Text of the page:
difference between closed/open systems.. .t his is a delimma in how we
maintain the authentic nature of feedback mechanism. That is how the
scientists trusts the nature o their quality o their peer review. It gets
back to the problem.

I think we are more open than the typical journal. Most of those peer
reviews are never published. It's a problem with academia in general.

Did you say you had a proprietary model of rating the journals? Yes, we
have a custom software system for peer review. Why is that internal
proprietary system? We want to open source it, we will open source a lot of
our software, but we're not sure how much will be open soruce. We have to
buidl it for our own purposes, so that we can control the process to build
it out the doors, down the line it's potentially open source sure.

Pretend that this is the last century.. is the mechanism that you are
building is also going to be a publication for Thomas Edison, Gregor Mendel
or citizen scientists? Perhaps not Edison... but sure, you don't have to be
credentialed to publish papers. PLOS One will publish high school student
papers and undergrads, as long as it deserves to be published, so yeah. But
what about the peer reviewers? We will definitely be enforcing some

Based upon your expeeriences iwth PLOS One, there are many textual searches
instead of human curration to determine biological entwroks/ Are there any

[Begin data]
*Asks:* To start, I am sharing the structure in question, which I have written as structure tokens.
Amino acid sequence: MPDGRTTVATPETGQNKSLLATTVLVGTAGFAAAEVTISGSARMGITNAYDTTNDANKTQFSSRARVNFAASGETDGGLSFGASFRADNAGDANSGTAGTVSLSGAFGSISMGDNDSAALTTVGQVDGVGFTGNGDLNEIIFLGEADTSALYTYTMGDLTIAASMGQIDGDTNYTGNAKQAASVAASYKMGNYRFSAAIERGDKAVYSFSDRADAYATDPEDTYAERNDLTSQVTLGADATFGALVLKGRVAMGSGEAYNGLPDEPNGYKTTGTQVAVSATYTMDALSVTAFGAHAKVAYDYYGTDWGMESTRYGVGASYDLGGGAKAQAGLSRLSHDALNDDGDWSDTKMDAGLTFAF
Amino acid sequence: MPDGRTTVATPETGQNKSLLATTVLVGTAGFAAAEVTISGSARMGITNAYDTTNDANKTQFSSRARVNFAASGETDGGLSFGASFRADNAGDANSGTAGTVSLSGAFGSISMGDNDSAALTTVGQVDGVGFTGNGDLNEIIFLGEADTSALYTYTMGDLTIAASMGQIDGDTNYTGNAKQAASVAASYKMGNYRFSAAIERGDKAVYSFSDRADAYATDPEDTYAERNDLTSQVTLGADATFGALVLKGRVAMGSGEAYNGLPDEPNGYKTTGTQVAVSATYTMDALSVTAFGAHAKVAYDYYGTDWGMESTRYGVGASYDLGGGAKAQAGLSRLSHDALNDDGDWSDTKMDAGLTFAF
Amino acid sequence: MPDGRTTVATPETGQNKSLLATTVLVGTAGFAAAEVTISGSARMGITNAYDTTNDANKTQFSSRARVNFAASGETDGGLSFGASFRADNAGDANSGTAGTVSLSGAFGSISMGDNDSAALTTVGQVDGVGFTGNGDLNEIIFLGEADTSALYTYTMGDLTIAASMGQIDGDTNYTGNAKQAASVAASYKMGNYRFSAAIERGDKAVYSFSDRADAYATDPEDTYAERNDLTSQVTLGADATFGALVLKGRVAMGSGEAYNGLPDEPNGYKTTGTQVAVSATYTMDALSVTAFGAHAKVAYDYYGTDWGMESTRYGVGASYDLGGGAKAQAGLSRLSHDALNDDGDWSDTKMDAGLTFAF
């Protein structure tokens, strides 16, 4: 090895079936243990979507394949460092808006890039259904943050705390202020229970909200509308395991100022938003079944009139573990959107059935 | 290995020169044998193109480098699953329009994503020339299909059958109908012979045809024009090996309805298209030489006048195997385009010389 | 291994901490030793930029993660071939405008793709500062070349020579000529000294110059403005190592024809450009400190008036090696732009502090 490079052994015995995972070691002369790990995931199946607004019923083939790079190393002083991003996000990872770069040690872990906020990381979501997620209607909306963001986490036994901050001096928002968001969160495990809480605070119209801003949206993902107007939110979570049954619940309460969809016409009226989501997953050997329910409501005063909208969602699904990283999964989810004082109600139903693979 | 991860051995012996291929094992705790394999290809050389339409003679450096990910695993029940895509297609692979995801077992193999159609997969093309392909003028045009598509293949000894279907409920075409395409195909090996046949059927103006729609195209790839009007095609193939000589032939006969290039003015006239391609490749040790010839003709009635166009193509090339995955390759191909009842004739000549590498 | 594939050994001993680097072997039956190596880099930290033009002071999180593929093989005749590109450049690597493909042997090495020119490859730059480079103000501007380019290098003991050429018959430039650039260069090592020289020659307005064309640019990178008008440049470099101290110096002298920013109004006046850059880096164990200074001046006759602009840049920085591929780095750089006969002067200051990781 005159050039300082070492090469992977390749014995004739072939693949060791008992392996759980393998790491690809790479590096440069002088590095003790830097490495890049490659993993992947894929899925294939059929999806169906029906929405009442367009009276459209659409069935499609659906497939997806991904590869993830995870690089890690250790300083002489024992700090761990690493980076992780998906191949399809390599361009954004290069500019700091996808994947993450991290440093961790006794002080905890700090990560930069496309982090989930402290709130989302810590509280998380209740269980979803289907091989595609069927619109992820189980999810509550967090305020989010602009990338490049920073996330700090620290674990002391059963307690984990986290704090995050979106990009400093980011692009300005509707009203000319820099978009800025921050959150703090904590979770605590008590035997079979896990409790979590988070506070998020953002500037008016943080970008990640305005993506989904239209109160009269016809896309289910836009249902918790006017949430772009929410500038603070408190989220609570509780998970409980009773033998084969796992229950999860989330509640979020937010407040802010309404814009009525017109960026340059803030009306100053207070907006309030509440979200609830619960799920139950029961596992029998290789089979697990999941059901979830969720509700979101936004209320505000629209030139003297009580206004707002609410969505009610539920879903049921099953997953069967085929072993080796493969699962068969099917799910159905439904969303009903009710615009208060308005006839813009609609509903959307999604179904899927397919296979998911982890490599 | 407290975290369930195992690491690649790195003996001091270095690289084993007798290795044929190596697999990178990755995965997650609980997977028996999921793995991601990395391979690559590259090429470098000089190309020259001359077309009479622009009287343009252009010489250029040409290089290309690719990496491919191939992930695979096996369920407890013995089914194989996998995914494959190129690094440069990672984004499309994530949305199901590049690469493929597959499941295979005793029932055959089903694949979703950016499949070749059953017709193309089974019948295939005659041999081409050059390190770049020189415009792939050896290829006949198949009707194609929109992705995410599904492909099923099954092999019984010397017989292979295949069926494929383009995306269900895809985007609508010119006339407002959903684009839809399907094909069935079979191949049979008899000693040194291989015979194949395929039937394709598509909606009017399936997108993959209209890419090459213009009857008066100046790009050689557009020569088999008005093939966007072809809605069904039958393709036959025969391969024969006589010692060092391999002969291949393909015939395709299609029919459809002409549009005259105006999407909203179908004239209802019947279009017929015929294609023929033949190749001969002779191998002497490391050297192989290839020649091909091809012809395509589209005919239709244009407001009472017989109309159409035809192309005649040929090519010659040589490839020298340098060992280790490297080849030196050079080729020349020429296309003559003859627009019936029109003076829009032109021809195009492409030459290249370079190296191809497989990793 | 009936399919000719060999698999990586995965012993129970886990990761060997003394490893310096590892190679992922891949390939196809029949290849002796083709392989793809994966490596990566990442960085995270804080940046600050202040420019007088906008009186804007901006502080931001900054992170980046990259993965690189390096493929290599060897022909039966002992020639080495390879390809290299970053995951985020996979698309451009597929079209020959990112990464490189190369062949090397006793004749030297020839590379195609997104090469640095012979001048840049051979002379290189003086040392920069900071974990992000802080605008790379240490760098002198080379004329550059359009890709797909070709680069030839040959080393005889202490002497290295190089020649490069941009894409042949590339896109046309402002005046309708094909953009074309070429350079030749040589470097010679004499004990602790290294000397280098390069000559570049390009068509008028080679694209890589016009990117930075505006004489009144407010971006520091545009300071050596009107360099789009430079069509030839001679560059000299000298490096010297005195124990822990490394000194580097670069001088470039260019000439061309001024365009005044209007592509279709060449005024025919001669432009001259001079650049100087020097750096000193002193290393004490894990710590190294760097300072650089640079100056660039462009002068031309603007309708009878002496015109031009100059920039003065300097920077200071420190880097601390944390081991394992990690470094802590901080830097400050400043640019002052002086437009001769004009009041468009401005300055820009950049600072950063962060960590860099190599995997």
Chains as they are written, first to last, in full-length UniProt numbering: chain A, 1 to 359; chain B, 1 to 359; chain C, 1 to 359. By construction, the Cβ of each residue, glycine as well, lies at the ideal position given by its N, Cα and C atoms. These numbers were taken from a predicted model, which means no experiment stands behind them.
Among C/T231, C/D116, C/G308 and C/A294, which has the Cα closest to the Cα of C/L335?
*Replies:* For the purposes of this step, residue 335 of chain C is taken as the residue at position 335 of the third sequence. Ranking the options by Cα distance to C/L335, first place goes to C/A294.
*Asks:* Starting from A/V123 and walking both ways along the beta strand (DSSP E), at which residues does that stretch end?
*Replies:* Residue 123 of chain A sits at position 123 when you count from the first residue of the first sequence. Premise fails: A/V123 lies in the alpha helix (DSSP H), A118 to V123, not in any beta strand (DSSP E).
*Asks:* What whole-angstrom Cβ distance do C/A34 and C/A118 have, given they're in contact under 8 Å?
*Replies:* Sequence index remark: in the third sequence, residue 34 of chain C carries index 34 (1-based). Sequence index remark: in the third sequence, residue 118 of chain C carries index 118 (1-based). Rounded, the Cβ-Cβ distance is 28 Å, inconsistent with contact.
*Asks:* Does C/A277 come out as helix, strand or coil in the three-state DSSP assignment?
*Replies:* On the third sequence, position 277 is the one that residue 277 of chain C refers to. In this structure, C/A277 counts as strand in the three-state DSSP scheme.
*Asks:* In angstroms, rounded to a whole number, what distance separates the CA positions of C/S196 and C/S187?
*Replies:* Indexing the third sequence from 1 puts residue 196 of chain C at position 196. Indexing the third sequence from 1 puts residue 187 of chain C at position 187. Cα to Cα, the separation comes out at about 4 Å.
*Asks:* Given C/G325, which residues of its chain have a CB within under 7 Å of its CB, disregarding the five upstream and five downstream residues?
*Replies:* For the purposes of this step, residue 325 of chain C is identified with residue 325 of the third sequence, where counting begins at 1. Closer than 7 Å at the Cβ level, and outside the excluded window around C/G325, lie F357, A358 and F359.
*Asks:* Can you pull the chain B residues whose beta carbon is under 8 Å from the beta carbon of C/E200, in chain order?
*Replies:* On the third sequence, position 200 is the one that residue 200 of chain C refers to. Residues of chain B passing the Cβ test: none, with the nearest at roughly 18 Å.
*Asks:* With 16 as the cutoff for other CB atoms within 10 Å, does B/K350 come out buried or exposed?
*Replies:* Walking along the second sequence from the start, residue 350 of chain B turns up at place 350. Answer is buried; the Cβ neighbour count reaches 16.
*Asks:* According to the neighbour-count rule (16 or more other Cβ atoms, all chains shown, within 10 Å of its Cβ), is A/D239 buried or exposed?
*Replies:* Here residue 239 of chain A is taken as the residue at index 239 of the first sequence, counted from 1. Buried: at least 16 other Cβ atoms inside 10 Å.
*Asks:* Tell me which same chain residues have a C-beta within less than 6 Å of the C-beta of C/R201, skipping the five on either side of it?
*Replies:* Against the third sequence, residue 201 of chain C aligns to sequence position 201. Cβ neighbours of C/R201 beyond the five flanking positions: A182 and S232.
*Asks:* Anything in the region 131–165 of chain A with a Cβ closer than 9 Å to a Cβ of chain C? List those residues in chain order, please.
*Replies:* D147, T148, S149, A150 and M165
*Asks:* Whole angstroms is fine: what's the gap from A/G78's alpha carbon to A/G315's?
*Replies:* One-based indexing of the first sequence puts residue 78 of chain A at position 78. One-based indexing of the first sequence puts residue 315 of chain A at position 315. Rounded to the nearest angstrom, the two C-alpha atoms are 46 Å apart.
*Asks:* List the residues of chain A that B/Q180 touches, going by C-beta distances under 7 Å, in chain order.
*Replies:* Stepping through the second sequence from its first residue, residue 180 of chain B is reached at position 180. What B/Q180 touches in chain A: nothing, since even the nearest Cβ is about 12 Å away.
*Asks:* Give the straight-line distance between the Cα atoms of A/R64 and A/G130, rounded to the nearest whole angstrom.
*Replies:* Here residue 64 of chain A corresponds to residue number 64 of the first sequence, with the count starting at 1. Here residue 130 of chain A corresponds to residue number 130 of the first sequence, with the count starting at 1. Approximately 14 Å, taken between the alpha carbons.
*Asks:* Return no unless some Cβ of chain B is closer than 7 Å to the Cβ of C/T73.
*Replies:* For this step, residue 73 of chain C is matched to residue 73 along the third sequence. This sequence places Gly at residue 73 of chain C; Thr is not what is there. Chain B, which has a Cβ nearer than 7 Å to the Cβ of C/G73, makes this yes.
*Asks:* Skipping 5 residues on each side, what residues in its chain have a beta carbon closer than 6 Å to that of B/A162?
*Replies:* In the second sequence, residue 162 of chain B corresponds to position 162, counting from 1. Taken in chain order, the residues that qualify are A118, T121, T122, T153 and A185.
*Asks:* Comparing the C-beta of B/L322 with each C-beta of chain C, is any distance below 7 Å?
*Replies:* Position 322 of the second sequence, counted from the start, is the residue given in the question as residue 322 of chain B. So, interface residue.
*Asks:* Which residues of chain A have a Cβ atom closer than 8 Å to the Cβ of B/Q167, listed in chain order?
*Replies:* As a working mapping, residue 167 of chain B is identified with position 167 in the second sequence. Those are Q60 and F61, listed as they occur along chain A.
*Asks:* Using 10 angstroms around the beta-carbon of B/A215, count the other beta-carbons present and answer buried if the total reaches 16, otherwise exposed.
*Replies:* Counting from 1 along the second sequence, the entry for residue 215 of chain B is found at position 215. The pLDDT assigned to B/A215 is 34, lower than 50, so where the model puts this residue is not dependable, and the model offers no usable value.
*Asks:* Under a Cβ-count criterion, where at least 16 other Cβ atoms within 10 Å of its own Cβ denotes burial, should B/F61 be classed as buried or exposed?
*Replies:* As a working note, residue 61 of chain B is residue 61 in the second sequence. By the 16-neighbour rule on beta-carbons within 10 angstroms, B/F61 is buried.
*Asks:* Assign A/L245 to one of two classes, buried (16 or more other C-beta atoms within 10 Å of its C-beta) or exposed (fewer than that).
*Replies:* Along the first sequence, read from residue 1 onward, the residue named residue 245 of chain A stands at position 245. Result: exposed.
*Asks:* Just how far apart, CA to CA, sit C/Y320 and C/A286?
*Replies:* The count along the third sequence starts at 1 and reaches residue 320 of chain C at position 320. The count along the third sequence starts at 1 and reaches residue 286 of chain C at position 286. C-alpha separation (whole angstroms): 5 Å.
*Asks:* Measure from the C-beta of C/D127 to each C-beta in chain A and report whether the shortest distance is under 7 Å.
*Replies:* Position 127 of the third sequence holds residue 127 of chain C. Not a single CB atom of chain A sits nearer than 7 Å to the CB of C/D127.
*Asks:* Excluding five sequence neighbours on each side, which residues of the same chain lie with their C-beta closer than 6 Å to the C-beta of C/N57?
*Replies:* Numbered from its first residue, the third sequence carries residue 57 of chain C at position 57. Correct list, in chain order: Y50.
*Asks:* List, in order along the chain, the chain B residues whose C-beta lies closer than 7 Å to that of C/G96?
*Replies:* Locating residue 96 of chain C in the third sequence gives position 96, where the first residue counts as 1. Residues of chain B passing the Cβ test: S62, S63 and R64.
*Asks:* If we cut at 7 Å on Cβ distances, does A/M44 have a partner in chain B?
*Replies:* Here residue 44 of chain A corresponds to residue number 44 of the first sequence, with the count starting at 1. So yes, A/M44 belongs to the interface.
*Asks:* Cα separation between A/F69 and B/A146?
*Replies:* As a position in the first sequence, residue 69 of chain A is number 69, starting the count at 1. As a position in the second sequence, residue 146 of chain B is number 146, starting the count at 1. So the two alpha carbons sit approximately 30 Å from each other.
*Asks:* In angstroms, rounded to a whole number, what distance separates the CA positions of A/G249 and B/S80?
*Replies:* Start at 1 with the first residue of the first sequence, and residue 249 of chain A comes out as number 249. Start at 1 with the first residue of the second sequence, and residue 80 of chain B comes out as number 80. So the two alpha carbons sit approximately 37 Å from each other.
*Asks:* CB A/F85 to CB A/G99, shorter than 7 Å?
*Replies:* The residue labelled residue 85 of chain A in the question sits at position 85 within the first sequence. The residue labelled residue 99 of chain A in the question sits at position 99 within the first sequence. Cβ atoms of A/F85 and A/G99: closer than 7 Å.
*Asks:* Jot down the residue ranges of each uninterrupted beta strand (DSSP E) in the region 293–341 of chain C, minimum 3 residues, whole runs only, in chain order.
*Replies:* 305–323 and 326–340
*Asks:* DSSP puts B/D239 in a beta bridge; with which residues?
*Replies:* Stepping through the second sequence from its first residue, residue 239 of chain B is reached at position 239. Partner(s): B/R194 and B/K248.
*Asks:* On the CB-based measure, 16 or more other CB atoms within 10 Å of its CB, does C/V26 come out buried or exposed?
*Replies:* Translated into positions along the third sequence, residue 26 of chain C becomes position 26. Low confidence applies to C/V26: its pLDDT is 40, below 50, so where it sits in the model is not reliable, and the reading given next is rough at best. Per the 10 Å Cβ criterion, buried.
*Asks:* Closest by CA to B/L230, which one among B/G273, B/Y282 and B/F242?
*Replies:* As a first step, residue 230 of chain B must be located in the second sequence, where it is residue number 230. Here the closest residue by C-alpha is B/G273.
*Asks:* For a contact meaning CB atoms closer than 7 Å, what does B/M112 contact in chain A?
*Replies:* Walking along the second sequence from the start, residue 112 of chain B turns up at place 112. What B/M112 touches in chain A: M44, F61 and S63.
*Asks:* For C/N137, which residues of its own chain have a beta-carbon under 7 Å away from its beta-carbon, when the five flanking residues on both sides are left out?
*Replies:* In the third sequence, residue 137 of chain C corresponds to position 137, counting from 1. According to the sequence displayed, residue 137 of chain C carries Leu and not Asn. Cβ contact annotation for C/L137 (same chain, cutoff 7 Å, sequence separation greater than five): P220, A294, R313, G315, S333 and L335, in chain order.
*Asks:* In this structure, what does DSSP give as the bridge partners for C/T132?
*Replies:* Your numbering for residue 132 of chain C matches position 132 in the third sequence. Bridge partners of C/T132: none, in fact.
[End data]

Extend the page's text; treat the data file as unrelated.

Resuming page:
kind of comparison study that has been done on using only open source or
open access literature, as the basis for definition versus the traditional
sources? It would be interesting to see teh quality metric.

There is an expert on this. Hedler in the corner is an expert in data
mining and published papers. I think part of the issue is that the
proportion of OA literature is always including some closed access stuff.
Hedler will know whether there are some studies like that.

So, as a scientist, I know that, frequently people pubilsh and cross the
line of very low impact work because they can't publish it anywhere else.
How are you going to balance the reputation, like.. is it your goal to make
this a high impact journal?

No, it's meant to be very PLOS One like. It will accept anything that is
acceptable and deserves to join the literature. It can be papers about
failures. PLOS One is not a dumping ground for the bad stuff.. it's about
everything. It's not ust about the impact factor. But the average impact
factor is greatr than 90% of the journals in the world already. On average
the content is not awful. It's actually just fine. They found that 75% of
all authors went to PLOS One as their first choice. It wasn't down the
chain of their rejections. We want the world to decide what was good
enough, what was useful, etc.

What about cross genetics, higher impact session, and have tiered version
or something?

It's just the one journal to contain everything. Within that one journal,
maybe we can say here's the bestof in genetics, in comp bio, we'll be able
to do that with just a display mechanism. We don't intend to have separate
branded journals that papers get dumped into. No.


- Bryan
1 512 203 0507

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Eugen* Leitl <a href="http://leitl.org">leitl</a> http://leitl.org